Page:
I developed an interest in crime comics leading up to the creation and release of Acts of Violence: An Anthology of Crime Comics in which my comic “The Three Princes” appears. I researched the genre– from its heyday in the 40s and early 50s, to its decline (and the parallel decline of horror comics) in the late 50s, and eventual resurgence in the late 80s and early 90s– and located and read many of the genre’s shining examples, both past and present, including “Murder, Morphine and Me”, Miss: Better Living Through Crime, and Criminal. My interest in the genre continues post-Acts of Violence and I want to tell you about two additional shining examples of the genre—one a self-published endeavor from an emerging Canadian talent, and the other a book I did not know about until one of its creators told me to check it out.
(w) Ed Brisson
Like me, Ed Brisson developed a passion for the crime genre in the days leading up to Acts of Violence (the crime comics anthology was his idea; he recruited his co-creators; and contributed “The Orchard”). Buoyed by the positive response the anthology received, Brisson embarked on a new initiative. He would write and self-produce (I find the term “self-publish” does not accurately reflect all the work involved in producing and publishing comics) a series of short crime comics. He would make these available at www.murderbookcomic.com and eventually collect the material in print editions, which he would then sell at conventions. To date, there are four original comics online and two print editions.
Ed is an accomplished letterer, but not an artist, so he enlisted emerging artists to bring his crime comics to life, including Canadians Simon Roy, Vic Malhotra, and Michael Walsh, and Damian Couceiro from Argentina. The visuals provide the needed atmosphere and often times violent visuals, but the foundation upon which those are built are Brisson’s tight, well crafted scripts. It takes talent to write a satisfying, complete narrative in less than 32 pages (the longest comic in Murder Book is 16 pages), but Brisson manages to do so every time he puts fingers to keyboard. In “Skimming the Till”, a coffee shop proprietor turns the tables on a pair of junkies that try to rob him. A former, now disabled, police officer is given an opportunity to deliver retribution in “Settling Up”. Another decision must be made in “Trickle”, but the individual making the decision is not really given a choice. And in “Catching Up”, a man who wants to remain anonymous encounters a person from his past. That comic launched Murder Book. It was a remarkable debut Brisson has managed to live up to.
I’m not the only one singing the praises of Murder Book. The online series was nominated for a 2010 Shuster Award and Gail Simone was so impressed by the material she recently praised it publicly on Twitter.
If, like me, you prefer print over digital, the two collections of Murder Book are available at ComicReaders South. Having met Brisson and sampled the goods at the 2011 Calgary Comic & Entertainment Expo, Dana stocked his shelves with the books. (Chad Boudreau)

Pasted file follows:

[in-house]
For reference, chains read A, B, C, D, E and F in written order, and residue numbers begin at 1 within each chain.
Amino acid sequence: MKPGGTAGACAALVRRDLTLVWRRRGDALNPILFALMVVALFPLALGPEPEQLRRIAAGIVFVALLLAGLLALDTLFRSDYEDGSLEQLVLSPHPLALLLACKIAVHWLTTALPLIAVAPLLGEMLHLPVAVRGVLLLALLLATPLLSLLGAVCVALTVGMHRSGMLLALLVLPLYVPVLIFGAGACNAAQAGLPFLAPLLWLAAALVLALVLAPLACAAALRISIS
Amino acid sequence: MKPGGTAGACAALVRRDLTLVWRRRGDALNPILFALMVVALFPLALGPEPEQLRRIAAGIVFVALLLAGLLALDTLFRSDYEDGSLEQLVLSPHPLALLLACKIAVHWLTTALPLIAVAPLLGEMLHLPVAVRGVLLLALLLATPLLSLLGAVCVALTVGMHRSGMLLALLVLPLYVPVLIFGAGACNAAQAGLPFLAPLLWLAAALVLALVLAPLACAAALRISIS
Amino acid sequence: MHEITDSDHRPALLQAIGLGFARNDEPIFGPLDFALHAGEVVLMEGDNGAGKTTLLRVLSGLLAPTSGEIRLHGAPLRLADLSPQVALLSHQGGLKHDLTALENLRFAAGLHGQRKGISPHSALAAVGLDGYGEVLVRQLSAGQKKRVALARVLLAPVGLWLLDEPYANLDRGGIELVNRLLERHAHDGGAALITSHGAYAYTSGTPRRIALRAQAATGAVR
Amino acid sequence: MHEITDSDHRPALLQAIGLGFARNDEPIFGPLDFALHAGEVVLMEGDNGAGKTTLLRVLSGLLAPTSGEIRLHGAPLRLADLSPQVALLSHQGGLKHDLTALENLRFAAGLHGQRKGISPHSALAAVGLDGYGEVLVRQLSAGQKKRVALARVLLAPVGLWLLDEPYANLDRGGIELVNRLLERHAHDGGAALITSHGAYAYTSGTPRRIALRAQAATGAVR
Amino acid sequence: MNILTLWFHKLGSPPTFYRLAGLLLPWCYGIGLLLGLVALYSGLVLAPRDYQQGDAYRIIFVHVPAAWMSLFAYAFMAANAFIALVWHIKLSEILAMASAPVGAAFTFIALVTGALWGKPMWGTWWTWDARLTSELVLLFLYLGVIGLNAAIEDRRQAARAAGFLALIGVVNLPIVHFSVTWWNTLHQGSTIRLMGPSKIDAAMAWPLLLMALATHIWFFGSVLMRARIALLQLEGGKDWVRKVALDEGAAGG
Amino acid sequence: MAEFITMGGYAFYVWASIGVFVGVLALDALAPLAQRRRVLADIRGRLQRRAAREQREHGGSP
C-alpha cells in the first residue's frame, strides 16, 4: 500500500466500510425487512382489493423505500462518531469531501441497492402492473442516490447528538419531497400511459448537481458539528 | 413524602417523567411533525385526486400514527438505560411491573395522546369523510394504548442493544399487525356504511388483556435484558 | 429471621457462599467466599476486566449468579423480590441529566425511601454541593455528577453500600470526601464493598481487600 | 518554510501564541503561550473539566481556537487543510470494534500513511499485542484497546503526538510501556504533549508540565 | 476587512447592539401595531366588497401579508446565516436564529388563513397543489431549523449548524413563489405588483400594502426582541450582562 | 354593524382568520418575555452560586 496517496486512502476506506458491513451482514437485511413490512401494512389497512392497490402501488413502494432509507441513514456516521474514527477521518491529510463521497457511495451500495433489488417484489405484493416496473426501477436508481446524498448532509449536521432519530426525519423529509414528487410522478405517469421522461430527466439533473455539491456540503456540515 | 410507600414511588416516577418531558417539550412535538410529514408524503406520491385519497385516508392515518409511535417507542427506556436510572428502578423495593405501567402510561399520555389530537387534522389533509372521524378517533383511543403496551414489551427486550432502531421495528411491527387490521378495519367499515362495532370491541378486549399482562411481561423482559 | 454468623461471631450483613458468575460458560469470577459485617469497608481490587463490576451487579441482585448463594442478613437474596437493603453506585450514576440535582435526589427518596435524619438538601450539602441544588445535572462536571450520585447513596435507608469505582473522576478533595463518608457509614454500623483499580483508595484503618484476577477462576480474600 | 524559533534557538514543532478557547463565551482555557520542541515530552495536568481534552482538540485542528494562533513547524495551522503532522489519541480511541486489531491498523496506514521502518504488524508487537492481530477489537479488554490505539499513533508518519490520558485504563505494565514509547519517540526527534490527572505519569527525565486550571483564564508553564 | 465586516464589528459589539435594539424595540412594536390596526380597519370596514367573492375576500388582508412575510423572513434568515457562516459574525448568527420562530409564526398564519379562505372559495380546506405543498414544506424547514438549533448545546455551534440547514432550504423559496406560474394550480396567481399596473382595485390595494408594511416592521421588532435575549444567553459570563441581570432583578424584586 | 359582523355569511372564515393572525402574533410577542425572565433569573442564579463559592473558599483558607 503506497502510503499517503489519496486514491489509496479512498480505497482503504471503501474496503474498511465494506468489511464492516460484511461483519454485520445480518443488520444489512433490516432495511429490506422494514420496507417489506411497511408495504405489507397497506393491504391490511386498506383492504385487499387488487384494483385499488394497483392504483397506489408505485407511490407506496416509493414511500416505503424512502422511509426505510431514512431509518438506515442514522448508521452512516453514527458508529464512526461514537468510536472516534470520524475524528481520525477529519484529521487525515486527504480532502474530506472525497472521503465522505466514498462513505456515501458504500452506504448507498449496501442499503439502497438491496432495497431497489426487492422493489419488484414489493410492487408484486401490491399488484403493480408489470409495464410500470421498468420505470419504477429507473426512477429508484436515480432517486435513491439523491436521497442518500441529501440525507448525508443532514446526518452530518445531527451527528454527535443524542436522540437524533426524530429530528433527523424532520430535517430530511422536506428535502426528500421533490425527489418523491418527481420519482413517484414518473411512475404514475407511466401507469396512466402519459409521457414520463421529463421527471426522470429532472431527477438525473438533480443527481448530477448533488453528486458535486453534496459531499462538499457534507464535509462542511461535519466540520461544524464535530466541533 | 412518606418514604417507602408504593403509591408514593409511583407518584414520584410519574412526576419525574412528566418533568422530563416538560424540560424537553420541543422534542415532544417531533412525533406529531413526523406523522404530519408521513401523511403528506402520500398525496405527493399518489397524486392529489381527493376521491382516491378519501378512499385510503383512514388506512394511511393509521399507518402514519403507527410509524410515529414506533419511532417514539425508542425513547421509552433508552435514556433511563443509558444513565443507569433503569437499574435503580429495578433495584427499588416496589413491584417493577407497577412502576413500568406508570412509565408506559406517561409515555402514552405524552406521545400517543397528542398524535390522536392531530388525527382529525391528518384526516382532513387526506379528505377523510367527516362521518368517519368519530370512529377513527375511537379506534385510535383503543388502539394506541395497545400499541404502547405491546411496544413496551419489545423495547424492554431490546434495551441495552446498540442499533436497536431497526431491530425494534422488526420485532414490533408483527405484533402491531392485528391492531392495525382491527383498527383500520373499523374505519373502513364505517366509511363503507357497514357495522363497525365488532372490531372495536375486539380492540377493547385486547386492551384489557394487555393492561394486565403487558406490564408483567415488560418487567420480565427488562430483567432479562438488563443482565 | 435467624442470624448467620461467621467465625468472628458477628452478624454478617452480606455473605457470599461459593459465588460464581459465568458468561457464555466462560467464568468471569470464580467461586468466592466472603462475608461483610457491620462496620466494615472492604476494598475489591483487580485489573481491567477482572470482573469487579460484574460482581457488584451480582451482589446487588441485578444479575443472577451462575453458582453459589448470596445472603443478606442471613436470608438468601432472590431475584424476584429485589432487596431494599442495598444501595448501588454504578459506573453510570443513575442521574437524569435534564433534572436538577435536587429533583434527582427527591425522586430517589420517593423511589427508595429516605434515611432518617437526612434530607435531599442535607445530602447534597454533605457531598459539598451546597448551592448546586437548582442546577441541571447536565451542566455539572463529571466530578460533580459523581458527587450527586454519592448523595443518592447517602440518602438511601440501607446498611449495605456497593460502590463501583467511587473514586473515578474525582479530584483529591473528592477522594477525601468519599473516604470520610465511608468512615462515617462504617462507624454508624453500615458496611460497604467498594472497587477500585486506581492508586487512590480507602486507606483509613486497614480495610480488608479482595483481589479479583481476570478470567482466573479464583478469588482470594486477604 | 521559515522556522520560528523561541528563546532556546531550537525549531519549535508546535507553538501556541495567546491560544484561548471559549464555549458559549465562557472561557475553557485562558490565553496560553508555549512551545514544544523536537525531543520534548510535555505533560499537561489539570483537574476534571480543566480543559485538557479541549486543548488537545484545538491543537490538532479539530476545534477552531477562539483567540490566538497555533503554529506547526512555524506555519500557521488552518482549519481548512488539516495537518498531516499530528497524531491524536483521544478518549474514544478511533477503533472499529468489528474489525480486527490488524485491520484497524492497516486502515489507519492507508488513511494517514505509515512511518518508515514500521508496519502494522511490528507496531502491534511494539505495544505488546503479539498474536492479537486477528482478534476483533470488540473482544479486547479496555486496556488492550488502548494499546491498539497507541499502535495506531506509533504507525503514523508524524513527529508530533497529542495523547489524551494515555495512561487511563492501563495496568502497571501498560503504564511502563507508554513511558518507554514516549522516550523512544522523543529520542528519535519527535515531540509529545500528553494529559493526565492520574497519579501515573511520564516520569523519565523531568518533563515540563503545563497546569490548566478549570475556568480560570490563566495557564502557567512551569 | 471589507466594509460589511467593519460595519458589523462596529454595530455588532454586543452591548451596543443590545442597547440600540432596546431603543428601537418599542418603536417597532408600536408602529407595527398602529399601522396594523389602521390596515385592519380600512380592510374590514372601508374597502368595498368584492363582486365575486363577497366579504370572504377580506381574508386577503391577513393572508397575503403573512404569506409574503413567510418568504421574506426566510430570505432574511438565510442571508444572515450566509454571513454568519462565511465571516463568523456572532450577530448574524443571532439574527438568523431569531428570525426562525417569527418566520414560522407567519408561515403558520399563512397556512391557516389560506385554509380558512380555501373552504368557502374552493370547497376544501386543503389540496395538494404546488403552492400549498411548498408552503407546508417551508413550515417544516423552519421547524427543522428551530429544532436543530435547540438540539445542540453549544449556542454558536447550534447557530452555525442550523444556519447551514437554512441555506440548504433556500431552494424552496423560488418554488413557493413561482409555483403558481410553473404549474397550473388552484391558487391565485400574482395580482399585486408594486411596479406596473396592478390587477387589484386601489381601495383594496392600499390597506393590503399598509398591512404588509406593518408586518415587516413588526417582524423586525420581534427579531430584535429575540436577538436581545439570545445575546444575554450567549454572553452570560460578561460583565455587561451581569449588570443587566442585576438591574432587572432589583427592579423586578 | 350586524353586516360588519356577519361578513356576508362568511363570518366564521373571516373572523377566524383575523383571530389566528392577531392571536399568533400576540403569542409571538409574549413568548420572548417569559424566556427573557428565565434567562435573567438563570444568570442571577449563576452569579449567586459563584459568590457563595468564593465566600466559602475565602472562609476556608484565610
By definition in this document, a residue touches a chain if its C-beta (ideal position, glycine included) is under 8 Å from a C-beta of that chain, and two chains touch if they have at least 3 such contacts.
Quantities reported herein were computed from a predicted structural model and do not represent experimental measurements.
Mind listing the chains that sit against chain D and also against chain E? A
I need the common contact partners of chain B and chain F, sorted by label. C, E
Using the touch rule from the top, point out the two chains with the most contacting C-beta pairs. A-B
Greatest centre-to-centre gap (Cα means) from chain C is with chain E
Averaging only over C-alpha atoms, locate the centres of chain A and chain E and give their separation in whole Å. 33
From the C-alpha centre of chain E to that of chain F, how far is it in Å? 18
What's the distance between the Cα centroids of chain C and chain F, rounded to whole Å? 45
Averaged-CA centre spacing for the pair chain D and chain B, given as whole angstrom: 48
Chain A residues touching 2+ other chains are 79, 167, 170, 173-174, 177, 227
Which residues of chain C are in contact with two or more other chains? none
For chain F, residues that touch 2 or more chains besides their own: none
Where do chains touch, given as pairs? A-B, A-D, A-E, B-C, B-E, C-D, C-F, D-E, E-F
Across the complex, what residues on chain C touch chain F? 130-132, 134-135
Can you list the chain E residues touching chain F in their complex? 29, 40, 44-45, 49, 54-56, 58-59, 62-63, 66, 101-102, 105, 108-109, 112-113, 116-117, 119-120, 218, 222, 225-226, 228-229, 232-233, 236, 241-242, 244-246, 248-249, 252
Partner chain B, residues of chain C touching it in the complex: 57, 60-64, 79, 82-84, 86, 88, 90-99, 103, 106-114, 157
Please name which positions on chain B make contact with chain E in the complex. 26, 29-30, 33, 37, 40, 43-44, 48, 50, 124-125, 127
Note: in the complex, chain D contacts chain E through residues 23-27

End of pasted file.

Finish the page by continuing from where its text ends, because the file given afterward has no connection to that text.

Back to Brooklyn
(w) Jimmy Palmiotti & Garth Ennis
(a) Mihailo Vukelic
FC, 128 pgs $14.99 US
I had the opportunity to speak with comic creator Jimmy Palmiotti at the 2011 Calgary Comic & Entertainment Expo. After presenting him with a complimentary copy of Acts of Violence, he suggested I check out Back to Brooklyn, a crime comic he wrote a few years back with Garth Ennis. The thumbnail description he gave of the nasty violence within its pages caught my interest.
Back to Brooklyn is indeed violent. Blood-soaked is the term that comes readily to mind. Mafioso Bob Saetta has voluntarily turned rat in order to bring down his brother, Paul, who currently heads the number one criminal organization in Brooklyn. The cops and FBI must promise safety for Bob’s wife and kid, but early in the book Bob learns his loved ones have been kidnapped by his brother’s goons. Enraged and fearing for the lives of his wife and son, Bob cuts a new deal with the Feds, the key component of which is he is secretly released so he can go back to Brooklyn to rescue his family. What Bob doesn’t tell the coppers is he’ll need to cut a bloody swath through Brooklyn’s criminal underground in order to do so.
I was not a fan of the visual look of the book—the art and colors did little to excite, create tension, add atmosphere, or, in some cases, present distinct characters—but fortunately Palmiotti and co-writer Garth Ennis know how to craft a piece of crime fiction. The dialogue is top-notch, with a natural feel and flow, and for a book with a high body count, there is plenty of words spoken by its multitude of main and supporting characters. Back to Brooklyn is, in fact, driven equally by its characters and its plot. Many of the characters have a shared history, and it is explored to some degree without relying on flashbacks. The history is woven seamlessly into the main narrative, which keeps the plot moving forward. Bob is on a time sensitive mission, after all. The writers succeed in maintaining that sense of urgency and rising tension. Final word: It was the plot, dialogue, and rich character arcs that made me rip through this book. (Chad Boudreau)